For more information about our services please visit our website

More information, including photos and videos of the awards, can be found on the following website

Thursday, 8 March 2018

ABD match ball sponsor of Bath Rugby v Sale Sharks

24th February 2018

Tim Hotchkiss (Partner), Alexander David (Partner), Tom Paget (Senior Associate), Frances Nash (Associate) and Kelly Chandler (Solicitor) of ABD hosted 18 guests in the Ricoh Suite at the Bath Rugby v Sale Sharks game on Saturday, 24th February.  ABD was also the proud sponsors of the match ball for the game.  The photograph below captured the moment that Tim Hotchkiss and Alexander David were handed the match ball signed by the entire Bath Rugby squad by Australian international, Nathan Charles. 

The team from ABD greeted their guests at 11.30am in the Ricoh Suite before enjoying the usual excellent food and service from the hospitality team at Bath Rugby.  It was then time to head into the stands in time for kick-off at 2.30pm. 
The game itself was a real treat with Bath Rugby eventually coming out 33-32 winners.  As the scoreline suggests, it was a nail biting affair with makeshift fly-half James Wilson holding his nerve to convert Zach Mercer’s try with 30 seconds remaining.  The result keeps Bath Rugby firmly in contention for the play-offs.
It was then back to the Ricoh Suite with our guests for a delicious cheeseboard and the screening of the Scotland v England Six Nations game.  The less said about the result the better for the English contingent, although this certainly did not dampen the spirits of those that attended.  It is certainly fair to say that a thoroughly enjoyable day was had by all.

Tuesday, 20 February 2018


If asked, most people think that David Cameron (“DC”) will be most remembered for calling a referendum on BREXIT. People may be right but when history does remember DC his broken promises on older peoples social care could be a very close second.

Most recently Theresa May’s botched election campaign  had at it’s core her suggestion that people should use all but the final £100,000 of their savings including their home  to fund elderly care. Voters did not like this suggestion and we are now where we are. A question which arises from this suggestion is was it lack of judgement by her or learning from her predecessor DC?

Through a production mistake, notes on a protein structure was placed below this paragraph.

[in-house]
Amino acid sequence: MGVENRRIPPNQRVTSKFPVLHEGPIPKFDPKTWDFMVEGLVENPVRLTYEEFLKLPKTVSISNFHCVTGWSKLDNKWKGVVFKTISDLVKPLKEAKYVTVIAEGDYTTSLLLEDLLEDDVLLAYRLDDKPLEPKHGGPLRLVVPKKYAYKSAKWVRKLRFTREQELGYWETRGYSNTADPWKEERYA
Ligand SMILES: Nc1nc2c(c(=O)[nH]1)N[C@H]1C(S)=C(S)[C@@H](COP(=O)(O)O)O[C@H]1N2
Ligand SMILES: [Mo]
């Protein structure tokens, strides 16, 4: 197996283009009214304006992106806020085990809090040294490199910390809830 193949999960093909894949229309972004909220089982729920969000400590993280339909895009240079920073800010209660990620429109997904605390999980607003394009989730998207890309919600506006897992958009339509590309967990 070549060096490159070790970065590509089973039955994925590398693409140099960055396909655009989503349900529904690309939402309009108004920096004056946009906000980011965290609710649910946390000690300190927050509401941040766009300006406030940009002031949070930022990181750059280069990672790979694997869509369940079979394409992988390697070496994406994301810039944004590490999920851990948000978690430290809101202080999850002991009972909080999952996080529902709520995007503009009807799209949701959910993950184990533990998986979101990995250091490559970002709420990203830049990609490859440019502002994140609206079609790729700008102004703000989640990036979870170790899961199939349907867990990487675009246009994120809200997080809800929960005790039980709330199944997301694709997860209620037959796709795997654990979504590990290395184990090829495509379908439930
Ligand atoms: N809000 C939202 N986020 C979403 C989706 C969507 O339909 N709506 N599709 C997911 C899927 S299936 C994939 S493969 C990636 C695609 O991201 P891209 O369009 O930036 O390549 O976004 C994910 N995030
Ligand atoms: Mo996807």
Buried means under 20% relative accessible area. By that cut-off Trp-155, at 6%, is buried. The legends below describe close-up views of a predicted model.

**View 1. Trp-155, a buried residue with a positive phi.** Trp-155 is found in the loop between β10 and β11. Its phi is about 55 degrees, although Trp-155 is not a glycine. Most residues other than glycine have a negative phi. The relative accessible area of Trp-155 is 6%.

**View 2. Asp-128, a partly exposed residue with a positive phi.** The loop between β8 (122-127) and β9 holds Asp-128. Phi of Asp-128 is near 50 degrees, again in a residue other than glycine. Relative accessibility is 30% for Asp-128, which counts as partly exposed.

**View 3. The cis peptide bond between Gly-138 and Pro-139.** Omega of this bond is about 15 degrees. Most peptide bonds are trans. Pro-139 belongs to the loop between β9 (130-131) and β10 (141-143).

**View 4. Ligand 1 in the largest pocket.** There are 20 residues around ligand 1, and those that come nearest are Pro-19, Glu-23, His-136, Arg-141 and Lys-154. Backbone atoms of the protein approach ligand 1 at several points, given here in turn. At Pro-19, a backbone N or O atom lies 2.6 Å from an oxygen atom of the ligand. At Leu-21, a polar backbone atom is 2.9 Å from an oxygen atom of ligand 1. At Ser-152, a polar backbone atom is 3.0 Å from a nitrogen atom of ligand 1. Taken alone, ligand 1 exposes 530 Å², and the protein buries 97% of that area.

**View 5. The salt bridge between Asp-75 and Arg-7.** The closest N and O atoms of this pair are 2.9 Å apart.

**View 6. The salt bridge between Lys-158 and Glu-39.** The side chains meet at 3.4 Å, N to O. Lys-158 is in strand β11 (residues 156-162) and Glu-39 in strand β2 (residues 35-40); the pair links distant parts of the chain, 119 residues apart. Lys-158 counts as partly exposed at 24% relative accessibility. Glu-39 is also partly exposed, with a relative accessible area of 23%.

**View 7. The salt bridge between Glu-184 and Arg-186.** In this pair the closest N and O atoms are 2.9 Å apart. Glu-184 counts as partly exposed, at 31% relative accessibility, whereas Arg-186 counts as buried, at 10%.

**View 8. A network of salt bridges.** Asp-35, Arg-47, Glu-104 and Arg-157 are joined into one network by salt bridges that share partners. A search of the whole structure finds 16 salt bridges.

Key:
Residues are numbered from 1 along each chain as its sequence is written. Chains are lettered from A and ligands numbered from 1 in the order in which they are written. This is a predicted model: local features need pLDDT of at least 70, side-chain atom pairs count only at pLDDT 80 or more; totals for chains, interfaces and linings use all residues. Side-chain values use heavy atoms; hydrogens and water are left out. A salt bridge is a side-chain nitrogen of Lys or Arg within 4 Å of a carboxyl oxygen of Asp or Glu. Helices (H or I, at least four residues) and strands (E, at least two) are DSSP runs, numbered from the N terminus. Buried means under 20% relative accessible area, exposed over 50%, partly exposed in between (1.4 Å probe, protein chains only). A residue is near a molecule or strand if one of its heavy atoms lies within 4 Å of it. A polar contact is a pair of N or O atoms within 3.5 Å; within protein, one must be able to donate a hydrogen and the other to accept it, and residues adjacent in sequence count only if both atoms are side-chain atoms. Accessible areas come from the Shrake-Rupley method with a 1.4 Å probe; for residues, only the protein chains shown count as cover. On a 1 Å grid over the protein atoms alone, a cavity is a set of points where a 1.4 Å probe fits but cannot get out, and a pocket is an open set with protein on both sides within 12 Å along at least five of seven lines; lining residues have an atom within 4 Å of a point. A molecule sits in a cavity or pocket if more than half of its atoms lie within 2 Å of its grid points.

When DC won his last election in 2015 it was in part based upon a promise that people would only have to pay for the first £72,000 of their elderly care costs known as the “CAP”. The Care Act 2014 was the flag ship for this. Shortly after DC was elected (17.07.15 to be precise) this promise was broken by DC and his Government. The CAP as originally proposed by DC will not ever be introduced, so says Jackie Doyle – Price Health Minister in December 2017.

In a recent interview with the FT Weekend DC says he was disappointed that the CAP was not capable of being pursued.  He explains that he thought this might have been a solution to Long term care combined with supporting insurance products which the insurance industry was never interested in.

Irony however is alive and well.  DC post politics is very much involved with social care as “President of Alzheimer’s Research UK”. Additionally and his lament about the insurance industry might be about to turn full circle.  This is because consultations prior to publication of the Governments Green Paper on reform of older person social care has started a debate on the role of the insurance industry led by Royal London Mutual insurer.

Specifically Sir Steve Webb Director of policy at the insurer and a former Pension Minister has been responsible in part for submitting a paper to government proposing a care product linked to pension income drawdown. The proposal is that a person commits to regular premiums being taken from their drawdown account to be used for their care costs.  The incentive is that the government under Royal London’s proposals would allow for favourable tax treatment (tax free) in respect of the premiums and importantly the Government would introduce a CAP on people’s overall care bills. This proposal sounds like déjà vu  from DC’s point of view.

To know more on elderly care options and for a free appointment to find out answers to the questions that need answering  email Andrew Douglas or his  team on or simply call us on 0800 072 8636. The firm has offices In Marlborough, Royal Wootton Basset, Devizes & Chippenham. Alternatively visit our website